From McNeil, we can see that “testing” in China actually meant a sequence of steps, so that the Covid-19 test would only be necessary after having passed through the earlier steps. Notice that this is exactly what Dr. Ghebreyesus said in point 2.
This properly expanded notion of “testing” ties into Dr. Ghebreyesus’s third point, on the need to “ramp up production capacity and availability of testing”, as well as the fourth point, on the need to “identify, adapt and equip facilities you will use to treat patients”, and his fifth point, on the need to “develop a clear plan and process to quarantine contacts”. Of course, governments will say that they are doing precisely the things Dr. Ghebreyesus demands. But are they doing those things? Is this the reason that the Australian government prefers not to mention that GPs are quietly telling patients with mild symptoms to go home and stay home? Because doing so amounts to crossing their fingers that those with the virus will do as they are instructed, that they will know how not to infect their family members, that they will not take a trip to the supermarket, or to Dan Murphy’s, etcetera etcetera etcetera. And maybe crossing their fingers will work. It is also possible, however, that instead of finger-crossing, it just might actually be better to pull patients suspected of having Covid-19 out of wherever they are, send them to one place for further investigation, and then, if confirmed to be infected, send them to another place for treatment.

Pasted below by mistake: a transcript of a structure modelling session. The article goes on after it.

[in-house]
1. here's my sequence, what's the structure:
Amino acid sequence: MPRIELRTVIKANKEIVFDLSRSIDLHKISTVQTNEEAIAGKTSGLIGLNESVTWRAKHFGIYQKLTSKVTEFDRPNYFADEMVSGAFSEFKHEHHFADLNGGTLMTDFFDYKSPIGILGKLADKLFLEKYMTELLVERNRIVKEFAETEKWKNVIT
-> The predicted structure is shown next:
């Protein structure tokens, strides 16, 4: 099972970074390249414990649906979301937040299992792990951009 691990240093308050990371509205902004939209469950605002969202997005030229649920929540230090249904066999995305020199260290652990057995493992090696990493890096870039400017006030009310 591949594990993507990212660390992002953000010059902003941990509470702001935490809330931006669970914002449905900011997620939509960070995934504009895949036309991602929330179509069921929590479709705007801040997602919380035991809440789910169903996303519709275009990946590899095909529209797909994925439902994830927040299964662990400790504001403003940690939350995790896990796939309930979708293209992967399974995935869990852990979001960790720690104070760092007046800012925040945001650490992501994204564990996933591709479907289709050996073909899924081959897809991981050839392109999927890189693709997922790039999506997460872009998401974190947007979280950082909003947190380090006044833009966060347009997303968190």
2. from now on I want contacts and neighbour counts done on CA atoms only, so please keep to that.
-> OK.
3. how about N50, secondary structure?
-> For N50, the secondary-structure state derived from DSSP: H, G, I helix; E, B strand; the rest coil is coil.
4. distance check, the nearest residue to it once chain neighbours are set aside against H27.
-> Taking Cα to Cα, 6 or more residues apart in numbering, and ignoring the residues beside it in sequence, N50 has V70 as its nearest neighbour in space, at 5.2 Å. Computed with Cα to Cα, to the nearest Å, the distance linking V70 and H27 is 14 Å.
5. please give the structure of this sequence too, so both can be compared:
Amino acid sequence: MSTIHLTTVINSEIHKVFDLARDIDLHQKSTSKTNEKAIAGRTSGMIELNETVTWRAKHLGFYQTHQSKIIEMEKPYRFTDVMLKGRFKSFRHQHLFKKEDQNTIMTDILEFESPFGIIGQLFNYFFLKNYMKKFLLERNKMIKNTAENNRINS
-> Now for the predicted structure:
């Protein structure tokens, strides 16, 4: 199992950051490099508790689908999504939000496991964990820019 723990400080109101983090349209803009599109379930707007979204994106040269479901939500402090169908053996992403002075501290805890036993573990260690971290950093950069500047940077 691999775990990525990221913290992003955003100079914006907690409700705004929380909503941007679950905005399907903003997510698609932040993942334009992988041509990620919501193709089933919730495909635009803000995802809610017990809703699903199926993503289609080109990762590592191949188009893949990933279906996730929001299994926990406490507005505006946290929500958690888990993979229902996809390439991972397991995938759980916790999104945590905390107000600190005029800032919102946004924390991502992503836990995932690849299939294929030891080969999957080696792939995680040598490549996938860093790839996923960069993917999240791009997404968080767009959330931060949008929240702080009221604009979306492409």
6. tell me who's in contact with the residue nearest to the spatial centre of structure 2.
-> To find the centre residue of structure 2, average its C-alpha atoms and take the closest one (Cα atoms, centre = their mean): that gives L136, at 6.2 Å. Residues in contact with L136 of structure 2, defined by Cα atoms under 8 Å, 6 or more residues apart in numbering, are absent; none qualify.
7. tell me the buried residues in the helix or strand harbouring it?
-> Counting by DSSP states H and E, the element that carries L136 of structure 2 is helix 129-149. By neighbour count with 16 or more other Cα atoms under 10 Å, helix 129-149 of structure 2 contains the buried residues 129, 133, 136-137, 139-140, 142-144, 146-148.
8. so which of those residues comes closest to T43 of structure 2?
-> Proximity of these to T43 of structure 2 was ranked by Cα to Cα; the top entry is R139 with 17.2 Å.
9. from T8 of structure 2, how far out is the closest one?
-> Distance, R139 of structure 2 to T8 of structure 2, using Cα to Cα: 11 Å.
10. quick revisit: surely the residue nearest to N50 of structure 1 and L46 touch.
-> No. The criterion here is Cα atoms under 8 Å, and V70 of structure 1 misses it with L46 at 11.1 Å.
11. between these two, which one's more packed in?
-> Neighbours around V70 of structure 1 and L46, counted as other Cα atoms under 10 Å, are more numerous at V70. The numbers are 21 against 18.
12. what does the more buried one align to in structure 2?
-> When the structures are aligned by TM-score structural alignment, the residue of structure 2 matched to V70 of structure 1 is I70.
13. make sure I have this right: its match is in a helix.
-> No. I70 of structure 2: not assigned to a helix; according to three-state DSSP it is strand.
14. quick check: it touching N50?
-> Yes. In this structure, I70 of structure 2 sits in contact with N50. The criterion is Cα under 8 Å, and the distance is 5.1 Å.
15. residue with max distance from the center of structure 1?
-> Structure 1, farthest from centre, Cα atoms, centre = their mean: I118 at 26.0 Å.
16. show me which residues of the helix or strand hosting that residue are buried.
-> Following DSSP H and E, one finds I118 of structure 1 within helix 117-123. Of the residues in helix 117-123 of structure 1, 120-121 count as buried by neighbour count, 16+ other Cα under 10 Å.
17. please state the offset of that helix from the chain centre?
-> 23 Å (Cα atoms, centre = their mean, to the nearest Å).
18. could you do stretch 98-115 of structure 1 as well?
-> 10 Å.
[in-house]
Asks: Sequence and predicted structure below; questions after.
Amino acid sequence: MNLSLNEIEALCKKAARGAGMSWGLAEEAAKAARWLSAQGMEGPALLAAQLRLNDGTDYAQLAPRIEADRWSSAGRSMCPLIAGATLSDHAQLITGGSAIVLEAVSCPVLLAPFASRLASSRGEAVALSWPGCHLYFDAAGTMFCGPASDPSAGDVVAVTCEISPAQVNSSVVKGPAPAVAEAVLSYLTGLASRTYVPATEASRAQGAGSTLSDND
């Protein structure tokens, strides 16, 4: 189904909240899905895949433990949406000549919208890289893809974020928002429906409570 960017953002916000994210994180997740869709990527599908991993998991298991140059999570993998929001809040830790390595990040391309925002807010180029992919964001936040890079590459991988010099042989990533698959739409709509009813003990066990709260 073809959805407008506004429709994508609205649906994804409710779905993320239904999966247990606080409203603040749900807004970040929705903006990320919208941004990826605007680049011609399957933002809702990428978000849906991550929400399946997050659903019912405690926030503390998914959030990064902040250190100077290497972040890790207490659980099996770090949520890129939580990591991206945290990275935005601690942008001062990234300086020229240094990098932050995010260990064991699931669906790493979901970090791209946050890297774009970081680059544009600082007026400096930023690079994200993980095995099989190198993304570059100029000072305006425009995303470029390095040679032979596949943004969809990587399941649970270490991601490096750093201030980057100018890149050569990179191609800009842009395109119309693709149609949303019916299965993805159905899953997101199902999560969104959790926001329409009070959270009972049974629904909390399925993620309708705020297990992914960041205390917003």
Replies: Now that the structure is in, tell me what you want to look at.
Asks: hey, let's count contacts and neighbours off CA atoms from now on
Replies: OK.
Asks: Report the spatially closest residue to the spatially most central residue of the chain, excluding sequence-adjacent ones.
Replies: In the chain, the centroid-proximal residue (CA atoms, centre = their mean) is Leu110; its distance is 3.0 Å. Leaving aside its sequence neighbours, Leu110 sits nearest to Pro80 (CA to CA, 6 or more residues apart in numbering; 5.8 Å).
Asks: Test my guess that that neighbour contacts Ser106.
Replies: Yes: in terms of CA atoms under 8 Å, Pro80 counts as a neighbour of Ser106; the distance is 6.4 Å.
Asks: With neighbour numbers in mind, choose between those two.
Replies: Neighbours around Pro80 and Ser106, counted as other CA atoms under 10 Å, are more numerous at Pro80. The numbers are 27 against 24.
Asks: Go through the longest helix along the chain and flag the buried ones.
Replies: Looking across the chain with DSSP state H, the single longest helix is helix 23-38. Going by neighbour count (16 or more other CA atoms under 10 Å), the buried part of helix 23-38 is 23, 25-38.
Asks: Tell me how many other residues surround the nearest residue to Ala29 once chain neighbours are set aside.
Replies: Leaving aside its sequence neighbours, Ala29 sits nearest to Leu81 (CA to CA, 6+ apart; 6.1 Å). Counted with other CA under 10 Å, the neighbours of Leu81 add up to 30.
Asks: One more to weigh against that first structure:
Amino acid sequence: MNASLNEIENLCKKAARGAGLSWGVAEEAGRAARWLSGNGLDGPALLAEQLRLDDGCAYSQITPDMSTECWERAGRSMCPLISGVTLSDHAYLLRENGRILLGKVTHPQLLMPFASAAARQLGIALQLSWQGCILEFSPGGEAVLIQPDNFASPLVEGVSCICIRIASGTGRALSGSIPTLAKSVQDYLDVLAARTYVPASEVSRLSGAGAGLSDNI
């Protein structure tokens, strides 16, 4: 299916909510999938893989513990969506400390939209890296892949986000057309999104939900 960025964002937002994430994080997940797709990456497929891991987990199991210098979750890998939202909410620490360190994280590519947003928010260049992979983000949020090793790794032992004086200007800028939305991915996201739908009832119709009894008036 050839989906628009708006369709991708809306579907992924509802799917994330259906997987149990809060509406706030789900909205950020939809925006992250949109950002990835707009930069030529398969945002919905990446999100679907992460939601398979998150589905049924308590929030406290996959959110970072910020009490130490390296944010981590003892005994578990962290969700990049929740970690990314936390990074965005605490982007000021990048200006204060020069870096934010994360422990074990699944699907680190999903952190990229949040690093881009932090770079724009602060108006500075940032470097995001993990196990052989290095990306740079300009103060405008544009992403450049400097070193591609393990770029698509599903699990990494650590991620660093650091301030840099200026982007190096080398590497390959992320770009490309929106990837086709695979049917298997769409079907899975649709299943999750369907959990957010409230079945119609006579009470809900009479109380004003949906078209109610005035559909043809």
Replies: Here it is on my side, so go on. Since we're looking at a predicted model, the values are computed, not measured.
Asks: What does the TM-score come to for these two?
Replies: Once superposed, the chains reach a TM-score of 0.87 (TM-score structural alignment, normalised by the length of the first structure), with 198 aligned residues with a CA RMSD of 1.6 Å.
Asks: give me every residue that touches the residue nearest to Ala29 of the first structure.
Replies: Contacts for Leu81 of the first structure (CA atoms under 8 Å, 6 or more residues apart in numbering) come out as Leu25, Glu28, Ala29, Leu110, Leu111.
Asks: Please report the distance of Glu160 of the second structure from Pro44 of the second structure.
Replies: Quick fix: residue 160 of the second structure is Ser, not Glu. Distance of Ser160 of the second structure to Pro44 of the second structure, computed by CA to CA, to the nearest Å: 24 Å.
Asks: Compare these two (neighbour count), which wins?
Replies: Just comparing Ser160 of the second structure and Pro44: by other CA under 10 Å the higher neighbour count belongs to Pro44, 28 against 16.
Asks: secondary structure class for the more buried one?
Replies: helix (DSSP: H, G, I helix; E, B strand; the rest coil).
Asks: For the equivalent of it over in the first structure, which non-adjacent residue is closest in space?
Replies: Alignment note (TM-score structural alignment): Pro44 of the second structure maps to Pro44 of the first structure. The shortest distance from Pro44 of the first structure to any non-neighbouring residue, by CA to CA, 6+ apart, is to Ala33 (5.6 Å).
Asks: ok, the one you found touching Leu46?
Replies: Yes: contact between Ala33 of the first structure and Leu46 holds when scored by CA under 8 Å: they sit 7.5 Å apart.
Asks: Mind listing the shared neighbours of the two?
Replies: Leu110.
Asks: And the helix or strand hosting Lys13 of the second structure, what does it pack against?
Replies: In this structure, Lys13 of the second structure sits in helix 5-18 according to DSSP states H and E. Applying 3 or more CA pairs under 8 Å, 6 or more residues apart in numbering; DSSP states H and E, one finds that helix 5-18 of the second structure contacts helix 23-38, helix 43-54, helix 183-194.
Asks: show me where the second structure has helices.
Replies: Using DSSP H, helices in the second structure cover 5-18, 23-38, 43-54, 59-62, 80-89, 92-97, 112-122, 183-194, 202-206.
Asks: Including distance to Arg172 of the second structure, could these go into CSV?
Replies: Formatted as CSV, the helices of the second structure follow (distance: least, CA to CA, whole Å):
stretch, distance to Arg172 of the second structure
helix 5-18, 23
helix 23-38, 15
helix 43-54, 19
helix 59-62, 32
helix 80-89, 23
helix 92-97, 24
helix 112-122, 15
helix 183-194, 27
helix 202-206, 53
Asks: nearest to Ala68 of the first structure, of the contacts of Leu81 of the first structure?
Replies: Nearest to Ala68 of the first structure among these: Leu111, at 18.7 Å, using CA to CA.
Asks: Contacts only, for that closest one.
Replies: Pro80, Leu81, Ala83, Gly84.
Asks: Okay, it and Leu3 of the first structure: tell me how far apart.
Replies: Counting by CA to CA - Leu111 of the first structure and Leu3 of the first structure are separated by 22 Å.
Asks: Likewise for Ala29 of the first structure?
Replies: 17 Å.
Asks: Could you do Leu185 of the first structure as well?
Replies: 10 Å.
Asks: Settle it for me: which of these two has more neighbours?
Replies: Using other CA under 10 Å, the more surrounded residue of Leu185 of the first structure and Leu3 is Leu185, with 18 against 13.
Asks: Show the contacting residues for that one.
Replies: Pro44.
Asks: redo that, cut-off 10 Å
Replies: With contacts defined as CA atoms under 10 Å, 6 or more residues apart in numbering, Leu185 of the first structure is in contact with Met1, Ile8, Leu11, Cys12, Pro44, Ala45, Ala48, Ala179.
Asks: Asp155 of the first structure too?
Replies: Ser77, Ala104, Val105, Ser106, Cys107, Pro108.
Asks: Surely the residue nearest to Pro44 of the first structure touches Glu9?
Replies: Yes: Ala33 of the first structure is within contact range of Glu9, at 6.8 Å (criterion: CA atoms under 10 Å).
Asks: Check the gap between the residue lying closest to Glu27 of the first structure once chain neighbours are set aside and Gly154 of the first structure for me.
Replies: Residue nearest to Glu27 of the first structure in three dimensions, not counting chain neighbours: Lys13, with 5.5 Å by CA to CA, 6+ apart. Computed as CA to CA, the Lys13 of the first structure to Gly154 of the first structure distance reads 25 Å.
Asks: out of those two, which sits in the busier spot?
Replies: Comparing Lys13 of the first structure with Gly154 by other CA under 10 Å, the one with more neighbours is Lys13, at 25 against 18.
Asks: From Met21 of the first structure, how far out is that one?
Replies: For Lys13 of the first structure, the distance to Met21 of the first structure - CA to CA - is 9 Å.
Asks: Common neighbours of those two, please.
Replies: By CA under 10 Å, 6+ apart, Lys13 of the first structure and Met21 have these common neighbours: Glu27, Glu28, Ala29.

Of course, no one is keen to follow the Chinese example of welding people into their apartment buildings. But that’s not the real story of China, and we’ve known that for some time now. Pointing out what China might have done wrong is not very important, if they are not things we are likely to do ourselves. But pointing out what they did right might be very important, if anyone cares enough to think about it. The real story of China’s response is: having a systematic approach to finding every suspected case, having a multi-step and efficient way of finding out if they do have Covid-19, removing those people from general circulation before they have a chance to infect others, offering treatment in dedicated facilities, and then sending out teams to trace their contacts.
The questions are: What is the real reason that Western countries are not willing to do what WHO has told them needs to be done? Why are they not willing to do what China has shown them can work? Why are they not willing to hire masses of people (plenty of whom have recently had space freed up in their calendar) to stand in a mask and gloves at train stations and public building entrances to give each person a temperature test? Why have they not been willing to insist that suspected cases be isolated until they are confirmed or otherwise?
It seems to me that the answers to these questions are not just about a different assessment of what’s the best strategy, but instead have significant cultural and psychological aspects. That’s a discussion for another time. However that may be, the results of not asking these questions are clear in one Western country after another, as they take one step after another in what seems a completely reactive way, as the completely predictable progress of the pandemic unfolds.